News / Americas

Mexicans March to Protest Drug Violence

Mexican poet Javier Sicilia (file photo)
Mexican poet Javier Sicilia (file photo)
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Cindy Lavanderos

Thousands of demonstrators marched in Mexico City and other places across the country and abroad Wednesday to protest violence that has claimed the lives of more than 35,000 people since President Calderón's crackdown on organized crime began four years ago.

Chanting "no more blood," protesters carrying signs, flowers, and candles gathered in the capital's main plaza in support of Mexican poet Javier Sicilia and the families of thousands of victims of the country's brutal drug war.

Sicilia's son and six others were tortured and murdered last week in Cuernavaca, a popular weekend vacation spot near Mexico City

It was the first national protest against Calderón's war against organized crime, a fight that more and more people believe the president is losing.  In a recent poll in El Universal, 63 percent said they thought Calderón's war strategy had failed.

At Wednesday's march, people of different ages and walks of life expressed their anger and frustration at the government's anti-drug efforts.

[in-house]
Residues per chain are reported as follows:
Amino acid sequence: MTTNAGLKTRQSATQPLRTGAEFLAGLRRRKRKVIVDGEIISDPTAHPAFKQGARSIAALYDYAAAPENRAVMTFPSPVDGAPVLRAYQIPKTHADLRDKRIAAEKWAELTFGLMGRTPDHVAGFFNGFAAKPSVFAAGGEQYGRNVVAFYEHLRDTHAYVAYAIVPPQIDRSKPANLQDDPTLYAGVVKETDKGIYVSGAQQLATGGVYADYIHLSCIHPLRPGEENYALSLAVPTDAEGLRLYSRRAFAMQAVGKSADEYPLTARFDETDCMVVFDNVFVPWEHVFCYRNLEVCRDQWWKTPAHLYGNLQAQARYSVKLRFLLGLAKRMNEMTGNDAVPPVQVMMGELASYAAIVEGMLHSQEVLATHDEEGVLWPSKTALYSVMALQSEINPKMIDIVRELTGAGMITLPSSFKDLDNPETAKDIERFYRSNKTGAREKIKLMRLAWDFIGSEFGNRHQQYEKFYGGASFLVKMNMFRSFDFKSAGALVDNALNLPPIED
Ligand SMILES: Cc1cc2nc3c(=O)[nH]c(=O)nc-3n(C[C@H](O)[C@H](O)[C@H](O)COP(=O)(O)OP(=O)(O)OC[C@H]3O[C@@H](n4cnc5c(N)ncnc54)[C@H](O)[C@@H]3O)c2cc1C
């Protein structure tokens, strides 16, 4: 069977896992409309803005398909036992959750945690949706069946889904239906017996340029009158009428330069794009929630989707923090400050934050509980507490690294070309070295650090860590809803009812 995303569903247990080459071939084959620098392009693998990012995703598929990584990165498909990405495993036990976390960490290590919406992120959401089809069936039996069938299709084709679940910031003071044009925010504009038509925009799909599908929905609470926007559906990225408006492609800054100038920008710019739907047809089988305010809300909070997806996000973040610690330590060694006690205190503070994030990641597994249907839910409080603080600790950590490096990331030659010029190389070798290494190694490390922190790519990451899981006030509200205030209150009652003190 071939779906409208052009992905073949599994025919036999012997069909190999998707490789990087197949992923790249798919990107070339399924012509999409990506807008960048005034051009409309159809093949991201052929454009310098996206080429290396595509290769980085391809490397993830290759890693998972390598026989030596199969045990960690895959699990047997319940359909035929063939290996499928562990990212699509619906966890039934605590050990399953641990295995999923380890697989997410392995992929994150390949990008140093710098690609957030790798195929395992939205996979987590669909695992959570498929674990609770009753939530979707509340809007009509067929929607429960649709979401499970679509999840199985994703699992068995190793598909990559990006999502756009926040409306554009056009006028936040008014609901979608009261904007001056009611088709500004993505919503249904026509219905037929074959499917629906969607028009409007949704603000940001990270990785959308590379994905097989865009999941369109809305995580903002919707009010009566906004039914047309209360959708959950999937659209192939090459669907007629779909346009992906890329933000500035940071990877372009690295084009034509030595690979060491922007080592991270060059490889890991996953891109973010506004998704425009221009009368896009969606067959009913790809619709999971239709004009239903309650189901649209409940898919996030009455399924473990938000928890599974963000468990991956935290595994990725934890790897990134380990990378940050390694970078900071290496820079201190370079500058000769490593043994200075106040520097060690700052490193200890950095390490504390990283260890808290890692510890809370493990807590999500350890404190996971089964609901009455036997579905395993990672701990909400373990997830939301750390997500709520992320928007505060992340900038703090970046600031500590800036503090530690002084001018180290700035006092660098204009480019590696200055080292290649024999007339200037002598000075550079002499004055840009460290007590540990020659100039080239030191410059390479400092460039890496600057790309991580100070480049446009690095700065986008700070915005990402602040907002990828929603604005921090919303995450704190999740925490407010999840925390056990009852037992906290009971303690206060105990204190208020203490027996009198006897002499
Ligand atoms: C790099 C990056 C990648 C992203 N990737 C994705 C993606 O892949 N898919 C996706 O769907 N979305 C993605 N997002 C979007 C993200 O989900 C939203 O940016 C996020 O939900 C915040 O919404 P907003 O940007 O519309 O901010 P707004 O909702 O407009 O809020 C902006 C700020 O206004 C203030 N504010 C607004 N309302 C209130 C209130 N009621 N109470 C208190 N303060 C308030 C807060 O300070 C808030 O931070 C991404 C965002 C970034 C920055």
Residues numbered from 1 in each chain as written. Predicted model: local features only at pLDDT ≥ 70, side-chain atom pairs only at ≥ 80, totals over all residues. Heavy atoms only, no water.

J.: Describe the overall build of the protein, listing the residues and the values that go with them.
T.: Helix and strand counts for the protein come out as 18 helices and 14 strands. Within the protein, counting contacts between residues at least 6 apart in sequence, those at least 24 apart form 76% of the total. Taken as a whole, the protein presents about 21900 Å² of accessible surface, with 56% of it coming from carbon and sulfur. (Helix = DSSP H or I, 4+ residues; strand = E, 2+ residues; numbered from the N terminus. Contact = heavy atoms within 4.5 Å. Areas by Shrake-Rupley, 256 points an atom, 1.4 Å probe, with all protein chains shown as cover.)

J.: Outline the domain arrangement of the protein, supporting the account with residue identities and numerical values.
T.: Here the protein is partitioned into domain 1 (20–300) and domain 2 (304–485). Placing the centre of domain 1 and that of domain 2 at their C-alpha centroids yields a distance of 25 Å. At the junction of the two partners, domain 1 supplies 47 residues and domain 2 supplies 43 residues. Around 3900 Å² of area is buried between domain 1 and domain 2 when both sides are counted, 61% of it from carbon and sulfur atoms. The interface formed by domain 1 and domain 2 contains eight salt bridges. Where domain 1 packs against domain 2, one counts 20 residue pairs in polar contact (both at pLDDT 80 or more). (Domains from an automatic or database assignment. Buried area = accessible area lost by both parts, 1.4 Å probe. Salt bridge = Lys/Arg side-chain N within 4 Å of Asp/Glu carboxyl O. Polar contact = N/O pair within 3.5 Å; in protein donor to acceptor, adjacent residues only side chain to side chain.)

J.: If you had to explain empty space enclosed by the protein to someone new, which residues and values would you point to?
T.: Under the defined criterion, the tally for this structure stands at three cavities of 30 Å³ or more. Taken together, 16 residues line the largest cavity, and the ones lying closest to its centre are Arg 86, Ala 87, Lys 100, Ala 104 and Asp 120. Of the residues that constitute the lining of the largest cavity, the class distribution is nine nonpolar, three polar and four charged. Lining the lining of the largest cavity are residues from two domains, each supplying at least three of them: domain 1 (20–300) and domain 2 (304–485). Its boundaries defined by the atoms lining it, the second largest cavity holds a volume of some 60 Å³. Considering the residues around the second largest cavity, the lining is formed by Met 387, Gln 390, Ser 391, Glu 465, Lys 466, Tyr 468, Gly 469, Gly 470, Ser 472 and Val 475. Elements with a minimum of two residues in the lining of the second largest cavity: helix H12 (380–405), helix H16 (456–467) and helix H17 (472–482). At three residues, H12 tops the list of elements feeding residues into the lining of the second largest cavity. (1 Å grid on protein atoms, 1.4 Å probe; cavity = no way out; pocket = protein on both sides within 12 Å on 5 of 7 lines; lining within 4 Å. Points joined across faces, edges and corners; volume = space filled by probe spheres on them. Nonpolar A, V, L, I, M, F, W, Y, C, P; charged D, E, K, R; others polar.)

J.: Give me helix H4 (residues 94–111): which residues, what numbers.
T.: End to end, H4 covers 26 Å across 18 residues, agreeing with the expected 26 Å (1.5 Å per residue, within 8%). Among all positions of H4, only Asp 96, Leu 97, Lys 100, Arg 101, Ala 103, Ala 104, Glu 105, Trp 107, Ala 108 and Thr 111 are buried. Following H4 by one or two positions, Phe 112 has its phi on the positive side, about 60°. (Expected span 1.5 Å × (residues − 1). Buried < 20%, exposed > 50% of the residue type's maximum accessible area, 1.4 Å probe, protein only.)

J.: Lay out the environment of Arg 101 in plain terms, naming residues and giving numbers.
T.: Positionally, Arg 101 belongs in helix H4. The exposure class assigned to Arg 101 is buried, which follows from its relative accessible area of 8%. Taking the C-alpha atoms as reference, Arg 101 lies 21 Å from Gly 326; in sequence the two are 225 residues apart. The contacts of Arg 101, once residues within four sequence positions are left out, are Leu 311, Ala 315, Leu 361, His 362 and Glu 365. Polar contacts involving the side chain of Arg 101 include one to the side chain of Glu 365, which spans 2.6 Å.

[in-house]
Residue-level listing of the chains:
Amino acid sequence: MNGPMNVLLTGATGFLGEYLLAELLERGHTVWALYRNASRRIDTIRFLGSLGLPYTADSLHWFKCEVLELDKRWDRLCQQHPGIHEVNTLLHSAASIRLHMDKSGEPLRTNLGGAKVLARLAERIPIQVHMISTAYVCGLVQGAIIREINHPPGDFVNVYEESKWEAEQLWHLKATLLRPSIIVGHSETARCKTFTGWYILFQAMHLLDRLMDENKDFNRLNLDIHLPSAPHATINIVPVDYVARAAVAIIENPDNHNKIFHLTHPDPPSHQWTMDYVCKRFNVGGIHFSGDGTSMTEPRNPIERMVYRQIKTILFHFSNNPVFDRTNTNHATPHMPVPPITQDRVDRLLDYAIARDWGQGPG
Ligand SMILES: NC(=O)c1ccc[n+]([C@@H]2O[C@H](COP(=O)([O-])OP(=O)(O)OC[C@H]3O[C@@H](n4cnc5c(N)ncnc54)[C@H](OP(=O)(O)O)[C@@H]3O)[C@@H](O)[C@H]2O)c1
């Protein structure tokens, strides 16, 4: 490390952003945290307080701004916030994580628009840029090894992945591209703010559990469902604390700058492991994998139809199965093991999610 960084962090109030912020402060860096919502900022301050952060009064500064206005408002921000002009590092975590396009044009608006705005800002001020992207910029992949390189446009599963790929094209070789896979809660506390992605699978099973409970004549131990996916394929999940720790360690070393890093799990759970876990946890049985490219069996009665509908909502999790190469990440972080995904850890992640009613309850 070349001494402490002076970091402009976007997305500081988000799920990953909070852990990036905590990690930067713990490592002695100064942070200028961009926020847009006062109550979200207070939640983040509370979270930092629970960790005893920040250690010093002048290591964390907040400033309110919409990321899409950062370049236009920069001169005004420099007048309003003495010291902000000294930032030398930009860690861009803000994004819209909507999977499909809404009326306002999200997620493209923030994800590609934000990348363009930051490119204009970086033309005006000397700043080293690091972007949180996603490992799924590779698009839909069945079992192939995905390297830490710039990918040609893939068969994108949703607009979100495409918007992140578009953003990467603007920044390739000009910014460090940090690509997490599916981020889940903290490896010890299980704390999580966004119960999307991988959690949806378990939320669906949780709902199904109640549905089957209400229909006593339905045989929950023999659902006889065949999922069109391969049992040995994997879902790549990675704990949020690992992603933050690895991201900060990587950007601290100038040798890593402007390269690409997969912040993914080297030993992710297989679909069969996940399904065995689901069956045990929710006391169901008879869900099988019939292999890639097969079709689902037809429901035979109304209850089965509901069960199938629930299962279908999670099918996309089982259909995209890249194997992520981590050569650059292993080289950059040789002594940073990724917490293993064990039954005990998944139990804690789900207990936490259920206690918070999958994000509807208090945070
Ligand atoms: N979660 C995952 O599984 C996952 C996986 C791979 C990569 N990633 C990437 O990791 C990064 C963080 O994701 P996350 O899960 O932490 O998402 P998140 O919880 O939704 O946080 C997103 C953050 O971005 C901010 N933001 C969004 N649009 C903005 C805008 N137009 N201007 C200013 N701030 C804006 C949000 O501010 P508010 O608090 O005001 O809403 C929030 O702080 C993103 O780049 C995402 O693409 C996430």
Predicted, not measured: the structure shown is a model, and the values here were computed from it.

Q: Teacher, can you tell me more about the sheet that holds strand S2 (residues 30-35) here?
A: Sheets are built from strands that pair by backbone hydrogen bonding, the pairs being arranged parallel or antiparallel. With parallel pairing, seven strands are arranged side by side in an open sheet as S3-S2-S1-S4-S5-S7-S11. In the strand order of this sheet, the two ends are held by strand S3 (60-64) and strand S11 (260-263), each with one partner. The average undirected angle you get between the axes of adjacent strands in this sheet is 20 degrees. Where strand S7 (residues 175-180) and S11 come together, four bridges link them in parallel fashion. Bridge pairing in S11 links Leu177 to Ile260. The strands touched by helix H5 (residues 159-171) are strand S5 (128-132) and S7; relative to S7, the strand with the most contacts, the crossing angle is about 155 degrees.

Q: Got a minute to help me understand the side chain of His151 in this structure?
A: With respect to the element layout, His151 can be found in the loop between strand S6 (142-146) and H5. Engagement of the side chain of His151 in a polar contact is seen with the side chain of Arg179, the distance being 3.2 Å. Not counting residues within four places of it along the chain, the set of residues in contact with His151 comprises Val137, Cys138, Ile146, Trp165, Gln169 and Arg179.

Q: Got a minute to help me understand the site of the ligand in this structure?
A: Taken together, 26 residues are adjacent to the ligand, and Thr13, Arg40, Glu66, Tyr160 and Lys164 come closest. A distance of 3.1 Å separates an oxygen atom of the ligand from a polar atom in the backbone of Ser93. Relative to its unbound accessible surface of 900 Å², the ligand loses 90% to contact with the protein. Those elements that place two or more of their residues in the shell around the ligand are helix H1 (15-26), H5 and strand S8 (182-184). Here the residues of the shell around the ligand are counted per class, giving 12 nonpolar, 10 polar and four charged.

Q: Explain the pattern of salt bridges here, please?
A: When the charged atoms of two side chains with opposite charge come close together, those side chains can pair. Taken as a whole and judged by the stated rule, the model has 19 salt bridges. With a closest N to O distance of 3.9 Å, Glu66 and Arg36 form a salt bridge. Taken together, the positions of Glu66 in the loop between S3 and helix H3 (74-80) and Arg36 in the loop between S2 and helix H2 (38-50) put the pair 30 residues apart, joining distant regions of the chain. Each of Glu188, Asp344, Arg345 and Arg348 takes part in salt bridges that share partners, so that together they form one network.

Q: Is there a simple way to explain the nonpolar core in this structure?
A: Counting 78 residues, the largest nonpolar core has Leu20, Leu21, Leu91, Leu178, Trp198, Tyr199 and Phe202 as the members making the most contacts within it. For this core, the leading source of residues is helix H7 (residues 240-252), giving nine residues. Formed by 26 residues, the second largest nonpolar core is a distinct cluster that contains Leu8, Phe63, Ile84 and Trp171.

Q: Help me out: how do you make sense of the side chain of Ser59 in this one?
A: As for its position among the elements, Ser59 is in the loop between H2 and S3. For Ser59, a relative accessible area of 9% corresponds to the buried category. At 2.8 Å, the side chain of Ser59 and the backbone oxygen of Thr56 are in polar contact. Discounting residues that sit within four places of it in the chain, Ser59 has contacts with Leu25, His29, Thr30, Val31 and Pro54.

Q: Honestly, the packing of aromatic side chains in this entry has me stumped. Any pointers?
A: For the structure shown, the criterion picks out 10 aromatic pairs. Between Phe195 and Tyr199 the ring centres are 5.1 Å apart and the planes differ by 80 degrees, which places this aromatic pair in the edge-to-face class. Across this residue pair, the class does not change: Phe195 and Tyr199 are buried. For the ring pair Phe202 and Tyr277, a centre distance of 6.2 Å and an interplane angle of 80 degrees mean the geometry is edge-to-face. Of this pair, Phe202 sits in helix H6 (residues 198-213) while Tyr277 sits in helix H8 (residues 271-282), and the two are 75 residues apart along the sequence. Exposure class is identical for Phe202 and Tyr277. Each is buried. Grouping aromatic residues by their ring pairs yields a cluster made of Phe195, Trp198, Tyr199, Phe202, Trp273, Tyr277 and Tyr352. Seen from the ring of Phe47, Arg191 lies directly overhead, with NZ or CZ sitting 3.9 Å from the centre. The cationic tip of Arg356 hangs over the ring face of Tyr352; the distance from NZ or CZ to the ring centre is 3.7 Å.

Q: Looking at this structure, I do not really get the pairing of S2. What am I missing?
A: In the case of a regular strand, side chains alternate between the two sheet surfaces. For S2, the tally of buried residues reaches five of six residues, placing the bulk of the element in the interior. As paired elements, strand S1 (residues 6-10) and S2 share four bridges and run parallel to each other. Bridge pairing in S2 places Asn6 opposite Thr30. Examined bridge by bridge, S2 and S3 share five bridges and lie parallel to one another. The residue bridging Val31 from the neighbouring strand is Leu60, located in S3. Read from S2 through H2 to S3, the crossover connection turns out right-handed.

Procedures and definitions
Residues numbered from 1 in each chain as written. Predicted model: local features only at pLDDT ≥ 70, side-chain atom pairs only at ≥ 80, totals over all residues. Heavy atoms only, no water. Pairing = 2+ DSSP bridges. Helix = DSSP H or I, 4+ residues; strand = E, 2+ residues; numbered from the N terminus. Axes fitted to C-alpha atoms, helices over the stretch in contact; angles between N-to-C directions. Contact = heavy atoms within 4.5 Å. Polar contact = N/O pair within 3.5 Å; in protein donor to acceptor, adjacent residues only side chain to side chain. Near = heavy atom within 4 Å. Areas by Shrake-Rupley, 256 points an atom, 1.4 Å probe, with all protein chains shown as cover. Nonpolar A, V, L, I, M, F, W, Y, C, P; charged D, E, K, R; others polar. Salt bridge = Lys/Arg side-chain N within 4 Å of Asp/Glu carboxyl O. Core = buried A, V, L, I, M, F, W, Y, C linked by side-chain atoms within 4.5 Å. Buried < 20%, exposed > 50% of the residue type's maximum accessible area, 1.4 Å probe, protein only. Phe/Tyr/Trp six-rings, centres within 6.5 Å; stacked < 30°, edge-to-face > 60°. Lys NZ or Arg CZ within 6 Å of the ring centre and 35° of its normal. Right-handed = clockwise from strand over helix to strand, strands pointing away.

Visual artist Miguel Angel Corona said he was fed up with the administration's inability to resolve the increasing violence and impunity that had become "a national tragedy."

He added that the number of deaths in the drug war was greater than in those countries in Northern Africa where people were fighting to remove long-standing dictatorships.

Theatrical student Marina Pineda called for "more theater, and fewer bullets."  She also expressed her indignation at the violence.

She pointed out that although this was not a huge demonstration, similar protests were also taking place in 33 cities across the country and 14 others outside Mexico.

In Cuernavaca, in the state of Morelos, where the bodies of Javier Sicilia's 24-year-old son and six others were found in a car along a highway on March 28, there have been daily marches to protest the assassination and the increased violence in the state.

Sicilia, who met with President Calderón for two hours prior to the march, later told protesters in Cuernavaca that he would stage a sit-in protest in the city's main plaza for a week.  

He said if those responsible for the murders are not found by April 13, he would call a march to Mexico City to demand the resignation of Morelos State Governor Marco Adame.

Since the December 2009 shooting death of drug kingpin Arturo Beltrán Leyva in Cuernavaca and the arrest of Edgar Valdez Villarreal in August 2010, cartels have been engaged in a bloody battle for control of the trafficking route in Morelos state.  In the first three months of this year there have been 80 killings in Morelos, five times more than the same period last year.  Few, if any, arrests have been made.

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Pope Francis Hopes Dual Canonizations Will Reconcile Churchi
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Jerome Socolovsky
April 22, 2014 4:14 PM
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